Insulin Glargine was the first long-acting insulin analog produced by recombinant DNA technology, approved for use by the US FDA in April 2000 and by the European Agency for the Evaluation of Medicinal Products in June, 2000. It has become the most widely used insulin in the USA owing to its long duration of action without a pronounced peak. The principal advantage of insulin Glargine over neutral protamine Hagedorn (NPH) insulin is in a lower frequency of hypoglycemic reactions, thus affording improved safety. It is used in both type 1 and type 2 diabetes, usually as a single daily dose. In type 2 patients, it is often the first insulin introduced as a single daily dose. Although insulin Glargine is typically administered as a single nighttime dose, it can be given in the morning or at any other time convenient for the patient. In labile type 1 diabetes, it is often most effective given as two daily injections. In obese, insulin-resistant patients, it may be best to administer insulin Glargine in two separate doses, owing to the high volumes of injected insulin required. Insulin Glargine does not treat postprandial hyperglycemia. It is necessary to supplement with short-acting insulin at mealtimes to control glucose surges after meals. Insulin Glargine is effective in hospitalized and postsurgical patients on account of its lack of pronounced insulin peaks and long duration of action. Although there is considerable use of Glargine in pregnant diabetic women, there is no definitive study to confirm its benefits. Insulin Glargine is thought to coprecipitate supplementary short-acting insulins when co-administered in the same syringe. Therefore, more injections are typically needed in the usual treatment regimen for insulin requiring diabetes. In many cases, constant basal insulin levels may be achieved with multiple overlapping doses of NPH insulin given together with short-acting insulin at mealtimes. Such a therapy may be less costly, but the major advantage of insulin Glargine remains the greater safety of a lower frequency of hypoglycemic reactions.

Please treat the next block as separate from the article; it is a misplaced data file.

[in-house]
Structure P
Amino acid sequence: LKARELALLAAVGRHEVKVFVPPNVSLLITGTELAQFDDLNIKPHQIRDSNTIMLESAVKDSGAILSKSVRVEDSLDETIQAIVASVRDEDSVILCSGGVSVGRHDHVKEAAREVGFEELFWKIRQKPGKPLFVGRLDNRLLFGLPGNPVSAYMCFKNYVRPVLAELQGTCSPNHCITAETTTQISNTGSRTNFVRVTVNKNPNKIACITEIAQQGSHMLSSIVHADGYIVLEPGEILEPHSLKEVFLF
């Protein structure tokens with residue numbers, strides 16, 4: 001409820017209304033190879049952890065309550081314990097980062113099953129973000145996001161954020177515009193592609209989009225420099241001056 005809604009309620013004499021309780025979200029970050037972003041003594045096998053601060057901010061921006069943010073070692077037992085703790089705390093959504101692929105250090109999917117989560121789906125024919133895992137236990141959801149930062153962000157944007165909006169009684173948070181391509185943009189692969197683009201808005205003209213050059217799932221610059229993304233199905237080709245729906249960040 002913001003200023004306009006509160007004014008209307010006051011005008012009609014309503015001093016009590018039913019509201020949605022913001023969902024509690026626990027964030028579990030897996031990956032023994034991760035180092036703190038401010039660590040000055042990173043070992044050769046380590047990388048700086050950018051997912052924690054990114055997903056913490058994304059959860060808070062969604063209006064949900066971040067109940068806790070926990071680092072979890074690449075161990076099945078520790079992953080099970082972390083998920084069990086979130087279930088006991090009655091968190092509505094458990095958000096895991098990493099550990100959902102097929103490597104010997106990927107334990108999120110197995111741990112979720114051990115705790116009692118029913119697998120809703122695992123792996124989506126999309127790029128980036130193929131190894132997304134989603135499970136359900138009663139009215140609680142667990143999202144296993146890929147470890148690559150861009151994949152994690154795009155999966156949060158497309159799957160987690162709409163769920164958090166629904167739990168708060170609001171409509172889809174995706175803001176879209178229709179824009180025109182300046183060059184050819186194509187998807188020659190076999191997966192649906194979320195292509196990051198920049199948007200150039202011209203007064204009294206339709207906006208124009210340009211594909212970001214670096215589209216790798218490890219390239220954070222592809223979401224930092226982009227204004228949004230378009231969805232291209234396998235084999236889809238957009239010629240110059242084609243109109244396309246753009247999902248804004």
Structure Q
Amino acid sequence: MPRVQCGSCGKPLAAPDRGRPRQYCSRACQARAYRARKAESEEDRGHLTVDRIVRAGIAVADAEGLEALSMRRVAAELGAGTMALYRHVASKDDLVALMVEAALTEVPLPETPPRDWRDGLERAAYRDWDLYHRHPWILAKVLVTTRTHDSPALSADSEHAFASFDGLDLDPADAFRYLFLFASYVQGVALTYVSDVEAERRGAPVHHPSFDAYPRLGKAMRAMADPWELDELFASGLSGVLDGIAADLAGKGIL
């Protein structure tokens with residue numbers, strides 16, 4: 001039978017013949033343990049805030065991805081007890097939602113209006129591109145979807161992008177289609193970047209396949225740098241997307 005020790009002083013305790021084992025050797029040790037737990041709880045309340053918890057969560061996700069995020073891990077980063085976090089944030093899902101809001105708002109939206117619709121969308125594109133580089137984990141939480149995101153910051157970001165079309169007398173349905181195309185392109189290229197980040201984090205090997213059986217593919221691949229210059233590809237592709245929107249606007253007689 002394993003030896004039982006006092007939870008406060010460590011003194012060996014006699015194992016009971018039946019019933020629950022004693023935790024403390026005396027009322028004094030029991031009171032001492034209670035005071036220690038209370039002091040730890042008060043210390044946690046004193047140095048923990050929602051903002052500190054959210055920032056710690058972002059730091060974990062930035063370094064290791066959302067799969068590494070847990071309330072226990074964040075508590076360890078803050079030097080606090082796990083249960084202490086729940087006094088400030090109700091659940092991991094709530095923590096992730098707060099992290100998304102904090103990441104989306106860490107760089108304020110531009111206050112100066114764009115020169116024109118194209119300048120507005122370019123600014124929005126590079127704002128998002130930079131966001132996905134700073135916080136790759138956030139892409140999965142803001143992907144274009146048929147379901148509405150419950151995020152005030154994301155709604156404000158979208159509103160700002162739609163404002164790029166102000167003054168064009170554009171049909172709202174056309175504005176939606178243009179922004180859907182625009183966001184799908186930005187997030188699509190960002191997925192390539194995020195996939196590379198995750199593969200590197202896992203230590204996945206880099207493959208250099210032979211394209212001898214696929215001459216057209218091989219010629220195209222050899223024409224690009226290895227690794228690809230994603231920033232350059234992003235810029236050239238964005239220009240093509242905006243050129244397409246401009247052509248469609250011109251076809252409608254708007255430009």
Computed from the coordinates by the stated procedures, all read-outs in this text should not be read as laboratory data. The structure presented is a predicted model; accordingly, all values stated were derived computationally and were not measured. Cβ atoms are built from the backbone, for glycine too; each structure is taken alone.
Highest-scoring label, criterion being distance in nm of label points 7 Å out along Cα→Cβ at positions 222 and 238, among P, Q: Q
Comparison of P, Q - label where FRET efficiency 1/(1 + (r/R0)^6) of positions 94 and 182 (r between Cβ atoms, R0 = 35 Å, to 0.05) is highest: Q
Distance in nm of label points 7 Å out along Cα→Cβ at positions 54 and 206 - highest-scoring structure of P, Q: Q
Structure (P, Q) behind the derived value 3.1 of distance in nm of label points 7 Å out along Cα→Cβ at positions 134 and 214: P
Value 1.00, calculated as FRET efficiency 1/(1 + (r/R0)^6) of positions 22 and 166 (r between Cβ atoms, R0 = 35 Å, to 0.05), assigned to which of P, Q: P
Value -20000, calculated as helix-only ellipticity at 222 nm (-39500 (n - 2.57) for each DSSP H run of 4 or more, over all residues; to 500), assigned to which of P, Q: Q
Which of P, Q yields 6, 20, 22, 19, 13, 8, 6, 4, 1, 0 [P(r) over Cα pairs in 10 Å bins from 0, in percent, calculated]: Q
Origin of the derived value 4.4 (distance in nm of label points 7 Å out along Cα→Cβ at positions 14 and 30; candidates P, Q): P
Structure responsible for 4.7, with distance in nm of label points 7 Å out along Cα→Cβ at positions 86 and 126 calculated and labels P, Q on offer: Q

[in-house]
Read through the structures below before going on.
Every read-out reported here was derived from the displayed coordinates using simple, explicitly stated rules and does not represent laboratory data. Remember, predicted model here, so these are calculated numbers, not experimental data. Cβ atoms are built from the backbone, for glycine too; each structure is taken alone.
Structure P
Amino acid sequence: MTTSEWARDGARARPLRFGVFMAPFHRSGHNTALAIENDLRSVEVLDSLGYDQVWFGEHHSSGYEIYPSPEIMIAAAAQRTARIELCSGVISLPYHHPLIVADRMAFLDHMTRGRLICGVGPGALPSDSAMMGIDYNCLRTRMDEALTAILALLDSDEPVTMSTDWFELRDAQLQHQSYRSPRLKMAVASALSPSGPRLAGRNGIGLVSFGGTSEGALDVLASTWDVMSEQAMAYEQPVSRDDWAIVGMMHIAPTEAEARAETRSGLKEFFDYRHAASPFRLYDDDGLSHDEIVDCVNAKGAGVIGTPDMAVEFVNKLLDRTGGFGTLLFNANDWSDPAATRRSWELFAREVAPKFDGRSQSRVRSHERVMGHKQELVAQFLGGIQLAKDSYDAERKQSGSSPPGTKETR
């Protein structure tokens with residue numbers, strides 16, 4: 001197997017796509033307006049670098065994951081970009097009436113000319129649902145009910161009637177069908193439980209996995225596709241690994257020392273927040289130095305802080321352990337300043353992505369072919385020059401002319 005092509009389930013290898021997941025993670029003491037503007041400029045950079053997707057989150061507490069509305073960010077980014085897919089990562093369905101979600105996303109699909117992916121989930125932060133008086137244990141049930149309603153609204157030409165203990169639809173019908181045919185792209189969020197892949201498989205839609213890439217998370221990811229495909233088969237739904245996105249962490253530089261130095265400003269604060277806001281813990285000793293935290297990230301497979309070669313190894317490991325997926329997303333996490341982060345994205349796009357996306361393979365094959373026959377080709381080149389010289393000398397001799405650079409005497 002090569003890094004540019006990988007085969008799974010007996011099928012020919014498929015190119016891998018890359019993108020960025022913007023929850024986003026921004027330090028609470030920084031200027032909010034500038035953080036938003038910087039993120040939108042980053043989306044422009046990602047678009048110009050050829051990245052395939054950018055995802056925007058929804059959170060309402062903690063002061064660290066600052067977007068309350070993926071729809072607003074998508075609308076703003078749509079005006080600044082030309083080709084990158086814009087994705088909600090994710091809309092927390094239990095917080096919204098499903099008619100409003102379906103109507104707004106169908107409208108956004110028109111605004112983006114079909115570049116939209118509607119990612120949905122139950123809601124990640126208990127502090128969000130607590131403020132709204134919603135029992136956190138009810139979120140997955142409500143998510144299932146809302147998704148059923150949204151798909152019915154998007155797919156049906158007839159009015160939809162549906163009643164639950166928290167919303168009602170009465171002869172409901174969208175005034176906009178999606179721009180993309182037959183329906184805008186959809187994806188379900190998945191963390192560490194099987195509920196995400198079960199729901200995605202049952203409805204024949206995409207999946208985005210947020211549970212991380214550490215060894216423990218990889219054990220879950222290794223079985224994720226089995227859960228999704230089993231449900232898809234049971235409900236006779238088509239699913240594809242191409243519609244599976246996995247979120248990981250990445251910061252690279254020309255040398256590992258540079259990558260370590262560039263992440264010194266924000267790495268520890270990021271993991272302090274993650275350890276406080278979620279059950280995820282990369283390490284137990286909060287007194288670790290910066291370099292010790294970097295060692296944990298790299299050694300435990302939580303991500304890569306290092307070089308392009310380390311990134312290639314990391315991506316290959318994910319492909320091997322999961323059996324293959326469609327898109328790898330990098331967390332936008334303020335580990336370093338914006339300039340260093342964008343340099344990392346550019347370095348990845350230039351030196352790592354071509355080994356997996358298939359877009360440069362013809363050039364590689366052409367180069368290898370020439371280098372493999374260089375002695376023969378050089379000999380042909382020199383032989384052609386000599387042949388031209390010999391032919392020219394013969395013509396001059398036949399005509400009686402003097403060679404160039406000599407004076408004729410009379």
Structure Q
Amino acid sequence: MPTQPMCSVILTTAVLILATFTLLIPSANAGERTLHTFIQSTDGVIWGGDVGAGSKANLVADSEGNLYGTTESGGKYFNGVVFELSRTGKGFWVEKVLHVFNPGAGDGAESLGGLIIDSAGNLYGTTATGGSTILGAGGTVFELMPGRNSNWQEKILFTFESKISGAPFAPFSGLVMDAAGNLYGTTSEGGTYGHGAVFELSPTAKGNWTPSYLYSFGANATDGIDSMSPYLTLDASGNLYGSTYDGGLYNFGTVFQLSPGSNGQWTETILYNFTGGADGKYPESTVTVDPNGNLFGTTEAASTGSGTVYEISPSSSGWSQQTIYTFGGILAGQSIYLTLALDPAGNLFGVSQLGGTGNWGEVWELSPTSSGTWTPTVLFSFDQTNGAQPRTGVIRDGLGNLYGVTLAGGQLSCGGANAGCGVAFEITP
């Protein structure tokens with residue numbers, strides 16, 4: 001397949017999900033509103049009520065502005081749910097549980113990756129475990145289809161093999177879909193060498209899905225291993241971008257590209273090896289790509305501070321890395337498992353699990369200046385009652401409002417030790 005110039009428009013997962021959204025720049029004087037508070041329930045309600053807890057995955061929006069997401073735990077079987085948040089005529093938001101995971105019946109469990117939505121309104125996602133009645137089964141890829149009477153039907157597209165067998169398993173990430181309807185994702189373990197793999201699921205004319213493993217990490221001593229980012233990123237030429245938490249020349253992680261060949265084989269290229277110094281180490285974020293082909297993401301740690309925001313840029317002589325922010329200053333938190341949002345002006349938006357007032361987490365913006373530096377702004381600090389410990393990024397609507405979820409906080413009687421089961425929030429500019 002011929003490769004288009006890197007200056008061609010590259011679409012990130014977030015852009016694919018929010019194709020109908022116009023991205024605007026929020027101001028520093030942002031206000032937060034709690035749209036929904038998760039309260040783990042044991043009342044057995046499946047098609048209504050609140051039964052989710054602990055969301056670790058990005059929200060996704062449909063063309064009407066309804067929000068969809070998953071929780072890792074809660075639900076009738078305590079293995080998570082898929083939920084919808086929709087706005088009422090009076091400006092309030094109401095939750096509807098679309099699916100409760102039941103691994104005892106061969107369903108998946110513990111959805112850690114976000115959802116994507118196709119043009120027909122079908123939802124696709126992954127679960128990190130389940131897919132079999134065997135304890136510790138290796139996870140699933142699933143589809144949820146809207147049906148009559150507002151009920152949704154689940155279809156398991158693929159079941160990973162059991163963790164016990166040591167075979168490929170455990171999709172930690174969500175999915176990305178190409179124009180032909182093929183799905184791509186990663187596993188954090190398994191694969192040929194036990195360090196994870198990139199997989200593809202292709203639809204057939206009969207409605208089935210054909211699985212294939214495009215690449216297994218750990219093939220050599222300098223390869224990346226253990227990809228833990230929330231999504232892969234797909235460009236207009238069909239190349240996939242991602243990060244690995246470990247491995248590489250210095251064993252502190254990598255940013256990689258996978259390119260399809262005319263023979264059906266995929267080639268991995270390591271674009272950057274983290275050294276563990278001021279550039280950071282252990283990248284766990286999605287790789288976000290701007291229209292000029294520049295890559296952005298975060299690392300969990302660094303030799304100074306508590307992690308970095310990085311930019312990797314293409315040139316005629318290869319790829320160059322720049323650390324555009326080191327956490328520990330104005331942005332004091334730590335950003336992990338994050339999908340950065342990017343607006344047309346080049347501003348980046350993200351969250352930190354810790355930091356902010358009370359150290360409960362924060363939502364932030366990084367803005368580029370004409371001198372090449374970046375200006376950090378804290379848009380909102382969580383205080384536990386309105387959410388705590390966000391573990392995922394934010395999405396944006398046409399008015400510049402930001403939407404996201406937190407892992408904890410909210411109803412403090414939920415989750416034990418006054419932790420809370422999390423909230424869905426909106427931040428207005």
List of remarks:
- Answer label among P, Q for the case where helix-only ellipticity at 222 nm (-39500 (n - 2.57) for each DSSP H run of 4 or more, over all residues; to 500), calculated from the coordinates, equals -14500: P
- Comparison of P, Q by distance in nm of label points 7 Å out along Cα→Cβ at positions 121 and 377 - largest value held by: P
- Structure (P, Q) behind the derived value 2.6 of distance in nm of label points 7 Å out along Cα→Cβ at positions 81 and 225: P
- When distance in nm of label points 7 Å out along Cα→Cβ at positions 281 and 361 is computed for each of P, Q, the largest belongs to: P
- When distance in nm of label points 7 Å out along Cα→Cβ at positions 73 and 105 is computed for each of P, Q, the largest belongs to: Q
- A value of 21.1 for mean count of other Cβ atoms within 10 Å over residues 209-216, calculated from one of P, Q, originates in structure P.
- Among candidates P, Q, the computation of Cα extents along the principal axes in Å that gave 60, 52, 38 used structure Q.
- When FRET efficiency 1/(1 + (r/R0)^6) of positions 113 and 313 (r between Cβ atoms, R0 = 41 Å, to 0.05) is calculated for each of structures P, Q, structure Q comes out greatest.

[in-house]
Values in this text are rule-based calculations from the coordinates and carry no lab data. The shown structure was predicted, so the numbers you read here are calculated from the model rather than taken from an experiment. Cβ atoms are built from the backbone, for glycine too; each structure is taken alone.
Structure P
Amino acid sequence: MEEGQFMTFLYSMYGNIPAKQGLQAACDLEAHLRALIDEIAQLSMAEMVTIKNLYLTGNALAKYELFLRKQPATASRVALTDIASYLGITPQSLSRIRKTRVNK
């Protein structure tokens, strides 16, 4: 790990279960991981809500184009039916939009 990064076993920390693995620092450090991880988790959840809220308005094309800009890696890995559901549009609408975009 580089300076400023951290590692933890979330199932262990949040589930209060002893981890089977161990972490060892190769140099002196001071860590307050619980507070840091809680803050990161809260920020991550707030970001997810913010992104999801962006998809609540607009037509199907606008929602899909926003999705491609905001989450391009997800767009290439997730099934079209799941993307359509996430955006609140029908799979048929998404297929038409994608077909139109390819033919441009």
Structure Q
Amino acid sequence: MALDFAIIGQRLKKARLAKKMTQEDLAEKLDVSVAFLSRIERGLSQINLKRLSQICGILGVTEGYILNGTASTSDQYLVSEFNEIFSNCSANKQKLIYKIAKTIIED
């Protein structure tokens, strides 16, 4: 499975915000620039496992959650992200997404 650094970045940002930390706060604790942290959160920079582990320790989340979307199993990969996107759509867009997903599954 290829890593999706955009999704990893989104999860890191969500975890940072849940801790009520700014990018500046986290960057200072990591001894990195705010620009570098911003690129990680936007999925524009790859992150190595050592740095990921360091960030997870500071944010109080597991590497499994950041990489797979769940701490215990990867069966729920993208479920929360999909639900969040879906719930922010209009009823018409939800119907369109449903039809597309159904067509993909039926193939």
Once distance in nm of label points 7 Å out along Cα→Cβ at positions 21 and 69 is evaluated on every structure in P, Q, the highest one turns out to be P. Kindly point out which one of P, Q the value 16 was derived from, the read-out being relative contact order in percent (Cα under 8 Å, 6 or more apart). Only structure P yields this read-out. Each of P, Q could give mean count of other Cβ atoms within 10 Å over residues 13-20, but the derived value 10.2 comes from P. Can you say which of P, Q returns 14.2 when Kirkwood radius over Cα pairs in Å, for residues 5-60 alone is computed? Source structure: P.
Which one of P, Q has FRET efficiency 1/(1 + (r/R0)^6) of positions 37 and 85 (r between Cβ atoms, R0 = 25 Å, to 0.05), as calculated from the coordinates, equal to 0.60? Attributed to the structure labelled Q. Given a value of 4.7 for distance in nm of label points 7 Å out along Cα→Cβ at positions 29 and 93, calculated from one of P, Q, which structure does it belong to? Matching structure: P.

All Science Journal Classification (ASJC) codes
- Pharmacology (medical)